In Virginia’s Medicaid program, "approximately 30 percent, or $2.7 billion a year, is lost to waste, fraud and inefficiencies."
Jimmie Massie on Wednesday, March 12th, 2014 in a Facebook post.
Jimmie Massie says 30 percent of Virginia's Medicaid spending is lost to fraud and waste
Del. Jimmie Massie says expanding Medicaid basically amounts to throwing good money after bad.
In Virginia’s Medicaid program, "approximately 30 percent, or $2.7 billion a year, is lost to waste, fraud and inefficiencies," the Henrico County Republican wrote in a March 12 post on his Facebook page.
Massie has made the same claim repeatedly this year in maintaining that Virginia should not rush to accept federal funds available under Obamacare to extend eligibility in the state’s Medicaid program to 400,000 low-income and disabled people.
The General Assembly is starting a special session Monday to decide whether to expand Medicaid -- a partisan debate that is blocking passage of a two-year state budget. Massie and his GOP colleagues in the House refuse to broaden Medicaid before the state program has undergone a two-year audit.
We wondered whether Massie’s claim of 30 percent waste, fraud and inefficiency in Virginia’s $8 billion a year Medicaid program is accurate.
The delegate pointed us to a presentation in a December 2013 meeting before the Medicaid Innovation and Reform Commission, a panel seeking to streamline the state program. Massie sits on the commission.
In the presentation, Virginia Secretary of Health Bill Hazel noted that a 2012 report by the Institute of Medicine estimated that out of the $2.5 trillion in total U.S. health care spending, about $765 billion was lost to waste. That comes to 30 percent.
Hazel’s presentation included a pie chart showing that the national waste estimate, when applied to Virginia, equates to about $15 billion of the state’s $49 billion in annual, total health care spending.
Hazel did not break down the figure any further, but Massie did. The delegate extended it to the state Medicaid program and concluded that about one third of its funds, or $2.7 billion a year, is being wasted.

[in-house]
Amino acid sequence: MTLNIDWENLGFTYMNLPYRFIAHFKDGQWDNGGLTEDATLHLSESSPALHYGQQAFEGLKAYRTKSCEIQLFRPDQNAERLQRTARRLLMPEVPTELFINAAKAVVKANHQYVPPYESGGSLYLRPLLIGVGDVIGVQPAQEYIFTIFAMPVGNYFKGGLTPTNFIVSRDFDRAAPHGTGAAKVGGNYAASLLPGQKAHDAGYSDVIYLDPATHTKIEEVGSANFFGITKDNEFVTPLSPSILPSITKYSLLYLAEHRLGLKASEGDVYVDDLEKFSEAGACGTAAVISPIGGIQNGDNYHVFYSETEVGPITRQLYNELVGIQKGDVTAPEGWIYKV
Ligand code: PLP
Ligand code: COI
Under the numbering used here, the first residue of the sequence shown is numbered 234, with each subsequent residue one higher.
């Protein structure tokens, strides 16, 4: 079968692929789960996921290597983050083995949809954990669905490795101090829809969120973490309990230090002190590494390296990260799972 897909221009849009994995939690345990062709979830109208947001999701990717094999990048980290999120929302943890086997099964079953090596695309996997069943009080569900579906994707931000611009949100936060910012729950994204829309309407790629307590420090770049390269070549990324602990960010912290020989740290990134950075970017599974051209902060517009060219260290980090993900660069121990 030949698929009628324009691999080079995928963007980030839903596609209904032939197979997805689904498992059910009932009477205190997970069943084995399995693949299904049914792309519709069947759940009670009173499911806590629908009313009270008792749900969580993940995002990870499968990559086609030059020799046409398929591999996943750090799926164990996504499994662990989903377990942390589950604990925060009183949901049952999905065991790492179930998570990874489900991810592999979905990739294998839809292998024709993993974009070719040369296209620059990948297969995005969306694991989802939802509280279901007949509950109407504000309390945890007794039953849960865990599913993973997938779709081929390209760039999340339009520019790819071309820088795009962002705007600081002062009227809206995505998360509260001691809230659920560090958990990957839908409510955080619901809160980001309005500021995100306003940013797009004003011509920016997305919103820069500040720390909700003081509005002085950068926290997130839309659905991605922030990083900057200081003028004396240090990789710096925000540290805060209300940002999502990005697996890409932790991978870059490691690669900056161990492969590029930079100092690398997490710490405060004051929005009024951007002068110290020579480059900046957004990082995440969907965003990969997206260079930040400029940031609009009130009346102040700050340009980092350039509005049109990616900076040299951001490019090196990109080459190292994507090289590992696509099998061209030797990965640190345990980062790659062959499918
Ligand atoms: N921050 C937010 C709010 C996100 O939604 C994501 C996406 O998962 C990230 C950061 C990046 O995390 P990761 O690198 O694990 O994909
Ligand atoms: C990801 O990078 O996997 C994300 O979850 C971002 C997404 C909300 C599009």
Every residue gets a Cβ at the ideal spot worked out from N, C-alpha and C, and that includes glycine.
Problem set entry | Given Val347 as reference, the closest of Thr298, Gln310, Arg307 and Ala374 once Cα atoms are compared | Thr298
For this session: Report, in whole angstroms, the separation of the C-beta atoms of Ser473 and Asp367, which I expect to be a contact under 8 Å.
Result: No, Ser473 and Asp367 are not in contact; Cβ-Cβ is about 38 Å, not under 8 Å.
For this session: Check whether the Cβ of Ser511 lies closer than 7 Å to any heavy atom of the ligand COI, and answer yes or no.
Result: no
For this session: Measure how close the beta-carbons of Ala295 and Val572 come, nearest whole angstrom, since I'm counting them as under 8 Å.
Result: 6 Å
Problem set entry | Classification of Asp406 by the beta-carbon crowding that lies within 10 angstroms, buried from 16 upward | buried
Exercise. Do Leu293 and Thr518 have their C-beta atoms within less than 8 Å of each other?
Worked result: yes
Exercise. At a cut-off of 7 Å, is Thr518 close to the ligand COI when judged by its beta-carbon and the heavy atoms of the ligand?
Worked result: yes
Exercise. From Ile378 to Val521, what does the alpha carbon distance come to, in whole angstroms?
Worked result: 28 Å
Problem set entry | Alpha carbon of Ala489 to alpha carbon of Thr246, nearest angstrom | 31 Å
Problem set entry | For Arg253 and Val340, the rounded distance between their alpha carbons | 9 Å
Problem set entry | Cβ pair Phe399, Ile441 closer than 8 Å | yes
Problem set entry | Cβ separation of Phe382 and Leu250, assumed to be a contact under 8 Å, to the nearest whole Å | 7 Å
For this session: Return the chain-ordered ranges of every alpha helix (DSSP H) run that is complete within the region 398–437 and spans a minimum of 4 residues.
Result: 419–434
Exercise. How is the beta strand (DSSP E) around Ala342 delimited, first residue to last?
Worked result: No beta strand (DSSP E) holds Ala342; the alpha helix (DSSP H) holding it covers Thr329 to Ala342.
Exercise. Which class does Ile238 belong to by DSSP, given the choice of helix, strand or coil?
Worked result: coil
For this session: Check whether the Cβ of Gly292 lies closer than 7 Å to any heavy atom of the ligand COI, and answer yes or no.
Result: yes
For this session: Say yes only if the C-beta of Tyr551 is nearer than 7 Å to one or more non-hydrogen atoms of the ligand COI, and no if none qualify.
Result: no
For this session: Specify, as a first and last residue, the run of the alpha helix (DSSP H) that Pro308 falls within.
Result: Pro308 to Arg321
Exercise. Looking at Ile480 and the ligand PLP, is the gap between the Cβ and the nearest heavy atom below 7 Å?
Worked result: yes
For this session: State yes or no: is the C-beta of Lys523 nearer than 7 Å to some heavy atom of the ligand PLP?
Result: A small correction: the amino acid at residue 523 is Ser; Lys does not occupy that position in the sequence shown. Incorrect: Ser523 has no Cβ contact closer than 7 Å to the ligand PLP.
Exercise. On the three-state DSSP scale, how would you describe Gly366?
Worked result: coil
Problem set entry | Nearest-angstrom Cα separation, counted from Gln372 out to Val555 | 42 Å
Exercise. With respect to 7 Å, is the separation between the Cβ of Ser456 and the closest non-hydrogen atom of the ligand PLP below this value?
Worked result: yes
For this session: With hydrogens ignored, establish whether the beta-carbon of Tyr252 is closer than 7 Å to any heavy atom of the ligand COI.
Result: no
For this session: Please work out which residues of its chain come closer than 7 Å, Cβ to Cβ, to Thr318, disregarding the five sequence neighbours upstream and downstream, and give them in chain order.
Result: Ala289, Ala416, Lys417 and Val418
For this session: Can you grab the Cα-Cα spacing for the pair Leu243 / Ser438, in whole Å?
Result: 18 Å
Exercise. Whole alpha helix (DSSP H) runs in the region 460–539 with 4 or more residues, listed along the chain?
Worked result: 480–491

"I would be willing to bet the public sector is less efficient than the private sector, therefore the waste, fraud and inefficiencies in the public system is somewhat greater than 30 percent," Massie told us.
We contacted Hazel for his take on Massie’s comments. Hazel, who supports Medicaid expansion, said his waste chart has been taken out of context. "The folks who say that reflects Medicaid, I believe are misusing the information because I don’t think it directly applies to Medicaid," Hazel said.
We couldn’t find any figures on the amount of wasteful spending in Virginia’s Medicaid program and Hazel said a definitive estimate doesn’t exist.
Now, let’s return to the original source of the 30 percent estimate -- the national study by the Institute of Medicine. The 416-page report does not offer waste estimates for individual states, let alone the Medicaid program in a state.
Dr. Mark Smith, the chair of the committee that authored the IOM report, cautioned against taking the findings too far.
"My comment on the face of is that 30 percent of overall spending being wasteful does not necessarily translate into 30 percent of Medicaid being wasteful, let alone Medicaid in a particular state," Smith told us in an email.
We did find a study that offer broad insight into the amount of national fraud and waste major government health programs. In April 2012, a report in the Journal of the American Medical Association said that somewhere between $200 billion and $400 billion of the $1 trillion spent nationally a year on Medicaid and Medicare is wasted. That comes down between 20 and 40 percent.
The author of that report, Don Berwick, was President Barack Obama’s head of the Centers for Medicaid and Medicare Services and is now running as a Democrat for governor of Massachusetts. He told us he did not have additional figures specifically looking a Medicaid.
We should finally note that Virginia is an outlier state in many statistics measuring the scope of its Medicaid system. As noted in a 2012 report by the Joint legislative Audit Review Commission, the General Assembly’s watchdog agency, Virginia has one of the most restrictive Medicaid programs in the nation, both in terms of eligibility requirements and the services it provides.
Massie said that 30 percent of the Virginia’s Medicaid program is lost to waste, fraud and inefficiencies. He gets the figure by extrapolating an estimated amount of waste in all U.S. health care spending and applying it to the Medicaid program in Virginia.
The problem is that no study has ever quantified the amount of Medicaid waste in Virginia, so nobody knows. We don’t completely dismiss Massie’s number, because a variety of studies say 30 percent is a reasonable national gauge of the waste in the health system and in overall government health programs.
But Massie takes liberty in applying that rule to Virginia’s Medicaid system, one of the most restrictive programs in the nation. The burden falls on Massie to prove his statement and he offers nothing more than a hypothesis that he’s right.
So we rate his claim Mostly False.